Voting By Machinery
Is it possible to vote by machinery ? The discussion of the Australian methoé of voting has brought forward an ingenious voting machine, for which great things are claimed. It would do away with printing ballots. The cst of the machine for each polling place would not exceed the expense of preparing for the Australian system. The machine is said to be rapid, sure, and secret. It is also a ready reckóner. The entire work of the election day, excepting only theaddition of the totals of the columns, is complete when the last ballot is cast. There is nothing in the machine to get out of order, and all doublé voting is infallibly detected. It is. the inventor claims, the Australian sy&tem simplified. This machine was invented hy John W. Rhines, a printer of St. Paul, Minn., since last May. Considering the perfection machinery has reached, there is nothing improbable in tlie idea of recording one's vote by touching a series of buttons, and that such voting may be more accurate and less expensive than any other systein. By all means give it a thorough trial.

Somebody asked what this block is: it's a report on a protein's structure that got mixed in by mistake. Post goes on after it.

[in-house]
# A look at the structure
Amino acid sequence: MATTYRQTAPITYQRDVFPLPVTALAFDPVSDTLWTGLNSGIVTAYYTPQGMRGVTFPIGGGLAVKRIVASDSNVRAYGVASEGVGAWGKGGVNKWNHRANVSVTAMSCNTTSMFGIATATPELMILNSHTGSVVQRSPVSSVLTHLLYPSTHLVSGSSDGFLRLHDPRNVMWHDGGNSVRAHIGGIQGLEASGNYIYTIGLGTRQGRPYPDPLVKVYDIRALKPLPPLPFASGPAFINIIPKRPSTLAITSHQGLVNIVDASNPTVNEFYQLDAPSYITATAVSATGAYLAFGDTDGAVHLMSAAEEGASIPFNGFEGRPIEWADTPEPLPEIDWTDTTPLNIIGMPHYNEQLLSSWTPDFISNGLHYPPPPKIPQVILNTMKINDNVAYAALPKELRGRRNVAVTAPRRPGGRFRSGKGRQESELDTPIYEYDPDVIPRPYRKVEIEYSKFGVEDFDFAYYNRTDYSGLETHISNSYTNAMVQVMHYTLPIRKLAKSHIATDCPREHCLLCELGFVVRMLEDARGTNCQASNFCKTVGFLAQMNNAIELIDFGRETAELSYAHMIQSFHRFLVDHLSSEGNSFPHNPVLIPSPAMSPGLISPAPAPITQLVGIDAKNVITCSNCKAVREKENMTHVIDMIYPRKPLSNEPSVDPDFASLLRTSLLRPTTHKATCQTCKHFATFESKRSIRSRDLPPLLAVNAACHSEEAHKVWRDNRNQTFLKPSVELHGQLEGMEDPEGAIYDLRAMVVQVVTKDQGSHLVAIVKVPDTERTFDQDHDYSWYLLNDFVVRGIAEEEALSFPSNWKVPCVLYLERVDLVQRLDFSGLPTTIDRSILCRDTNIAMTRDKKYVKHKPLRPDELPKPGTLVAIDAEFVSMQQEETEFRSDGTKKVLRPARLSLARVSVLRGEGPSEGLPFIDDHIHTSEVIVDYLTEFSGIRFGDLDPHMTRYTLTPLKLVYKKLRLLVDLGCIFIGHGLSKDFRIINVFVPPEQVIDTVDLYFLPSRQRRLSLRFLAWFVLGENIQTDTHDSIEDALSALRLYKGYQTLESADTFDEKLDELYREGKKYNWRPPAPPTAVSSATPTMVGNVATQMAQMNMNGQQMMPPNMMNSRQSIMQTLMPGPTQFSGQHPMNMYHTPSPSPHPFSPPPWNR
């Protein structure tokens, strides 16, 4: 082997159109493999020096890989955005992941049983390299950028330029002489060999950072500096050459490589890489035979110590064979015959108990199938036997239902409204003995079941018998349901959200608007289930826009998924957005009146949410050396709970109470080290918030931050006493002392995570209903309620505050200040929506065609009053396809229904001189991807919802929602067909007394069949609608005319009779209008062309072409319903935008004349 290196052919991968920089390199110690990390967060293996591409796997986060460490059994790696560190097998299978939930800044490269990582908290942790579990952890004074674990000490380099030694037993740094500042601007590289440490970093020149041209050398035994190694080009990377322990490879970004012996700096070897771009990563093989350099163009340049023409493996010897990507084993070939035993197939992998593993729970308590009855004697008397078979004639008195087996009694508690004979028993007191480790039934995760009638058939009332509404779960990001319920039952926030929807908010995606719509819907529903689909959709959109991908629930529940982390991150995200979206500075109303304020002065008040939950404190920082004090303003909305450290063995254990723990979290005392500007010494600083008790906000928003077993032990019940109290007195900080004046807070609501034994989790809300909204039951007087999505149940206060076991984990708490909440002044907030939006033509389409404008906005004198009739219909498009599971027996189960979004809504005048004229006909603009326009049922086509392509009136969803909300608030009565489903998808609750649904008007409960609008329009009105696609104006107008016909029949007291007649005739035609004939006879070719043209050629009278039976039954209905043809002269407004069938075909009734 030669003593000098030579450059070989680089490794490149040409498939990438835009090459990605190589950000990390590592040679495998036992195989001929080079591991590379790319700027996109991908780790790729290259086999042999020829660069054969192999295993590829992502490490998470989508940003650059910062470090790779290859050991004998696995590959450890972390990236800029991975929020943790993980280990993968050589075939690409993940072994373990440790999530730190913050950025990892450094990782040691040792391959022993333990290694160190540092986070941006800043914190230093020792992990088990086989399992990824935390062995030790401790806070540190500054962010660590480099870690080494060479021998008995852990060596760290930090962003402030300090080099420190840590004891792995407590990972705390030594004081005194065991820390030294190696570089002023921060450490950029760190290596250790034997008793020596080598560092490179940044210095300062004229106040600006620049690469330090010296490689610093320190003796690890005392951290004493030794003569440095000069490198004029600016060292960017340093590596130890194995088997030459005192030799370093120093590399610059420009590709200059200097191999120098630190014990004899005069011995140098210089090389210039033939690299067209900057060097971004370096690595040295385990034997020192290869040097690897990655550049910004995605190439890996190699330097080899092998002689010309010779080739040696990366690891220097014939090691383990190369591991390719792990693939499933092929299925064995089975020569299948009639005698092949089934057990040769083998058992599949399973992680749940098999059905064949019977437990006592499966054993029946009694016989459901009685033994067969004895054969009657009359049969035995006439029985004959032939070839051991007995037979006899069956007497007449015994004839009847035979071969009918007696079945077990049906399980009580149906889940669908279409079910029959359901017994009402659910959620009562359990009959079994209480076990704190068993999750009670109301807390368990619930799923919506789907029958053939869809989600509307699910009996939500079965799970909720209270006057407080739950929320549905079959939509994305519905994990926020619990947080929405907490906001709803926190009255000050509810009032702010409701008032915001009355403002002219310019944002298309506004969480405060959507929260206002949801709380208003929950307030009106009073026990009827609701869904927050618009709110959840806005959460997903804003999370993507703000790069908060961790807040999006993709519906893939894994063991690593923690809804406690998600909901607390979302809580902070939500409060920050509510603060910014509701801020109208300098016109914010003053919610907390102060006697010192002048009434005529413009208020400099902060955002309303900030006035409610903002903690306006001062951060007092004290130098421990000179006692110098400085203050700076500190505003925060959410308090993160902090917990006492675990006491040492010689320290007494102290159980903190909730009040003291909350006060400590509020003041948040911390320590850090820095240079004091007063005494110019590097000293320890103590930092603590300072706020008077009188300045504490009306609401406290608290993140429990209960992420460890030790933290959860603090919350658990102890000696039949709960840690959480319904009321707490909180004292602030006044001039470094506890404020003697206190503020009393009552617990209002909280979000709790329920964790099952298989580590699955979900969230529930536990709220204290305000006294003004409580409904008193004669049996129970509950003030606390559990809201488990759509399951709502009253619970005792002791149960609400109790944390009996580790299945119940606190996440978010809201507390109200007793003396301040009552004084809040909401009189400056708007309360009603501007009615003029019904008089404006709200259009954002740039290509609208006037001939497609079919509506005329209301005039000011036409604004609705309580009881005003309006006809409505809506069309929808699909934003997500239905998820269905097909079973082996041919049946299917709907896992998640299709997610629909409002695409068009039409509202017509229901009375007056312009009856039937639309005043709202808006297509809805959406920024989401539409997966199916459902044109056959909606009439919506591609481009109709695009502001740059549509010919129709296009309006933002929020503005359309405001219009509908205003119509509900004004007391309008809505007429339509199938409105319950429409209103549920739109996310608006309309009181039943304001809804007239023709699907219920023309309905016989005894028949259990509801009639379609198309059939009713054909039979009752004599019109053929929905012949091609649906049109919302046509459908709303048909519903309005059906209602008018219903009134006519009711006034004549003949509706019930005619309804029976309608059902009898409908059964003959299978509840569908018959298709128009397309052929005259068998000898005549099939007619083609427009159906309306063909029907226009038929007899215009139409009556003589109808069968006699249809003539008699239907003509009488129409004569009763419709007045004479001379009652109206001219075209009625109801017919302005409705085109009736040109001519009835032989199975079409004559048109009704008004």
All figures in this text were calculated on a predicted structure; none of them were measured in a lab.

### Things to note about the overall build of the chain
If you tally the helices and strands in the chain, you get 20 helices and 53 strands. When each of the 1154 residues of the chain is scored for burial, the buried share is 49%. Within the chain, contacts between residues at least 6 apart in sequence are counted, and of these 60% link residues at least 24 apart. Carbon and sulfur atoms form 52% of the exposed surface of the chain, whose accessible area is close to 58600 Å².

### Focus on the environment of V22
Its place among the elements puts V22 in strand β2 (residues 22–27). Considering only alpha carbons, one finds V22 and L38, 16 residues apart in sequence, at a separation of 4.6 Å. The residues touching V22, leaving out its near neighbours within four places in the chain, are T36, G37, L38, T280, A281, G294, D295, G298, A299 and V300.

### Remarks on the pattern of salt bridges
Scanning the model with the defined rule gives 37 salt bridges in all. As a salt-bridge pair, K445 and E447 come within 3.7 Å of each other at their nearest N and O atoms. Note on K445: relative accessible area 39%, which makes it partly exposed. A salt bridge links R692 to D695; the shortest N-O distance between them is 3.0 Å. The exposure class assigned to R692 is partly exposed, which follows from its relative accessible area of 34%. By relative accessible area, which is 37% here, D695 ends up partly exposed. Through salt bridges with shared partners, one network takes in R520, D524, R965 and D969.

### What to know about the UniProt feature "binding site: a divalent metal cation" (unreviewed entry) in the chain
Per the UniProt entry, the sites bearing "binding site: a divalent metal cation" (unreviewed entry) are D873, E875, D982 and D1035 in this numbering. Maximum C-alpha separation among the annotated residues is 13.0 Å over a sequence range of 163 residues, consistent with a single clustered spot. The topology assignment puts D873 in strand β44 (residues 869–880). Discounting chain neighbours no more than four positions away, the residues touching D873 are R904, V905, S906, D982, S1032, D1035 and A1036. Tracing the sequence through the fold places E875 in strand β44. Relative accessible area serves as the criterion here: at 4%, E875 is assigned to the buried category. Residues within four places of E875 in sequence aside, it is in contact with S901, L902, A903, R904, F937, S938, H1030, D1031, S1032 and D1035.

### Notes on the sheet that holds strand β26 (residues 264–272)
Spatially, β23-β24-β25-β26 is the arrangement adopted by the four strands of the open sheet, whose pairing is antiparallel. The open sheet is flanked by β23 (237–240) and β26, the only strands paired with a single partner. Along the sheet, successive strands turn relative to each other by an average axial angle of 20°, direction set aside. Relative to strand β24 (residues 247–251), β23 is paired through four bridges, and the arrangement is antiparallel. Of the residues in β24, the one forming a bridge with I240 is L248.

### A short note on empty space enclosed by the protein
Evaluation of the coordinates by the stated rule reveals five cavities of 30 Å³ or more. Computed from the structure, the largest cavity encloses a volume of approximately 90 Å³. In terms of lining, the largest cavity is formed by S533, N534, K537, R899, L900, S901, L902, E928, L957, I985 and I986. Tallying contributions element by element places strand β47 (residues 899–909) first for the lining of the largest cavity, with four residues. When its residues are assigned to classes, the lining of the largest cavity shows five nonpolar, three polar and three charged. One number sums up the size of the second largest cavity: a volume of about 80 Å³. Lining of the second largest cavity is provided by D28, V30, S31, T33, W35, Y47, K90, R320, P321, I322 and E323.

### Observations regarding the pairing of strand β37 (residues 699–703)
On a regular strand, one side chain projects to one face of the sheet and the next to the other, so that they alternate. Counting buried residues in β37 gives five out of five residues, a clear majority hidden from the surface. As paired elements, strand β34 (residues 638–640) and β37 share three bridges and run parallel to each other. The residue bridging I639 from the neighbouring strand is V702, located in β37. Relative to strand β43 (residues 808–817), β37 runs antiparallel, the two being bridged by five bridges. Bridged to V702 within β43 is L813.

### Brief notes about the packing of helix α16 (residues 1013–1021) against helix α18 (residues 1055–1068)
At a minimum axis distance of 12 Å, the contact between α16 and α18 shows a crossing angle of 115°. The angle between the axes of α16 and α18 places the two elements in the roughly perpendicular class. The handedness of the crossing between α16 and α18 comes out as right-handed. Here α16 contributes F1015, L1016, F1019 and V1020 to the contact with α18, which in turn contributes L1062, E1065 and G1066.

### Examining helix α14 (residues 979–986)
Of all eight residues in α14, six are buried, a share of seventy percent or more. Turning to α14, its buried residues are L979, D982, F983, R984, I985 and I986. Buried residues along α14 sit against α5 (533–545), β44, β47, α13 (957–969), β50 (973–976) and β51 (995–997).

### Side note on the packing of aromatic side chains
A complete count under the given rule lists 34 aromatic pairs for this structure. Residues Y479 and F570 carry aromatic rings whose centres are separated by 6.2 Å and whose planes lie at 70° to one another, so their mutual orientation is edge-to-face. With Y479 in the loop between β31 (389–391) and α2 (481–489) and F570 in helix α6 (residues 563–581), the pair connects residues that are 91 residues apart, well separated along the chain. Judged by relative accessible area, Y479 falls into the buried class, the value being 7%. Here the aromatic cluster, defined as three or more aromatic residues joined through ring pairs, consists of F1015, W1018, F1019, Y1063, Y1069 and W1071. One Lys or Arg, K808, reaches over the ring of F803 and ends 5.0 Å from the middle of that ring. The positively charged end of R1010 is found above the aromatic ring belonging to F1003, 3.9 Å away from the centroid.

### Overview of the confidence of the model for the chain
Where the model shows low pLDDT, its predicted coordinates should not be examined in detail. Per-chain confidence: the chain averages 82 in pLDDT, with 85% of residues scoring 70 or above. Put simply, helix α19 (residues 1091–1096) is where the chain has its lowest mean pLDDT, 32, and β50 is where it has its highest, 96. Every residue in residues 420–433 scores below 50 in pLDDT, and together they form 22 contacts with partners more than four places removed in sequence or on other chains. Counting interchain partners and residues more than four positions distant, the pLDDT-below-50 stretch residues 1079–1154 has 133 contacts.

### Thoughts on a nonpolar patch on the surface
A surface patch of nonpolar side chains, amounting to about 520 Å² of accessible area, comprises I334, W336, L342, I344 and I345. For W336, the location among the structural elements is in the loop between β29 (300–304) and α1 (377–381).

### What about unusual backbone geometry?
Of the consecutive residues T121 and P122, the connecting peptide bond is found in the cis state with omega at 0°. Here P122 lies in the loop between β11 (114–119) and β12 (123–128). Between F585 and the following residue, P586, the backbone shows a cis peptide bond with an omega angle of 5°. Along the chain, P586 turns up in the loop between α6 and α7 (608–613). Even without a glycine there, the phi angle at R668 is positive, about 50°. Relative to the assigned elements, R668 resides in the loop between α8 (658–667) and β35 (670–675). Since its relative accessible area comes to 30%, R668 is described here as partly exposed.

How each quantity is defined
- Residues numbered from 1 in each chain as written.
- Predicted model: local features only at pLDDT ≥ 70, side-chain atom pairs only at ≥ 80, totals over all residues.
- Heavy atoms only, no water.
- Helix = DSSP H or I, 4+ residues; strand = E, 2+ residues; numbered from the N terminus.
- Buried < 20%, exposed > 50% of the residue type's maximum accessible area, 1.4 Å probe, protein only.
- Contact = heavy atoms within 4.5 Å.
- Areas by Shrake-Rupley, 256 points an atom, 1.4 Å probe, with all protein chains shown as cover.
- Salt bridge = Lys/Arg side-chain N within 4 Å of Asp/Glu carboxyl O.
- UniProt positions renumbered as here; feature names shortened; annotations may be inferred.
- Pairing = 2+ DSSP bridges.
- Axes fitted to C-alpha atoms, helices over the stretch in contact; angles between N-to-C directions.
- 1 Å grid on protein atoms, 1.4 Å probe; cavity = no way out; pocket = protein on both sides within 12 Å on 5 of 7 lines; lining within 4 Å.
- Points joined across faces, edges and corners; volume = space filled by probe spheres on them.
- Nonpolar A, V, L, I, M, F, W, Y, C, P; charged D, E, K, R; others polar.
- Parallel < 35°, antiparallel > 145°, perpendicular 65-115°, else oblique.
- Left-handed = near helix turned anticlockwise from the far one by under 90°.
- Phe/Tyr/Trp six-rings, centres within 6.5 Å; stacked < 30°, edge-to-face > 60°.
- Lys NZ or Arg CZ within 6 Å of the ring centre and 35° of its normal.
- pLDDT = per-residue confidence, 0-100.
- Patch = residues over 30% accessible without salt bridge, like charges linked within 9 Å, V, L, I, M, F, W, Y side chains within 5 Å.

Ann Arbor Register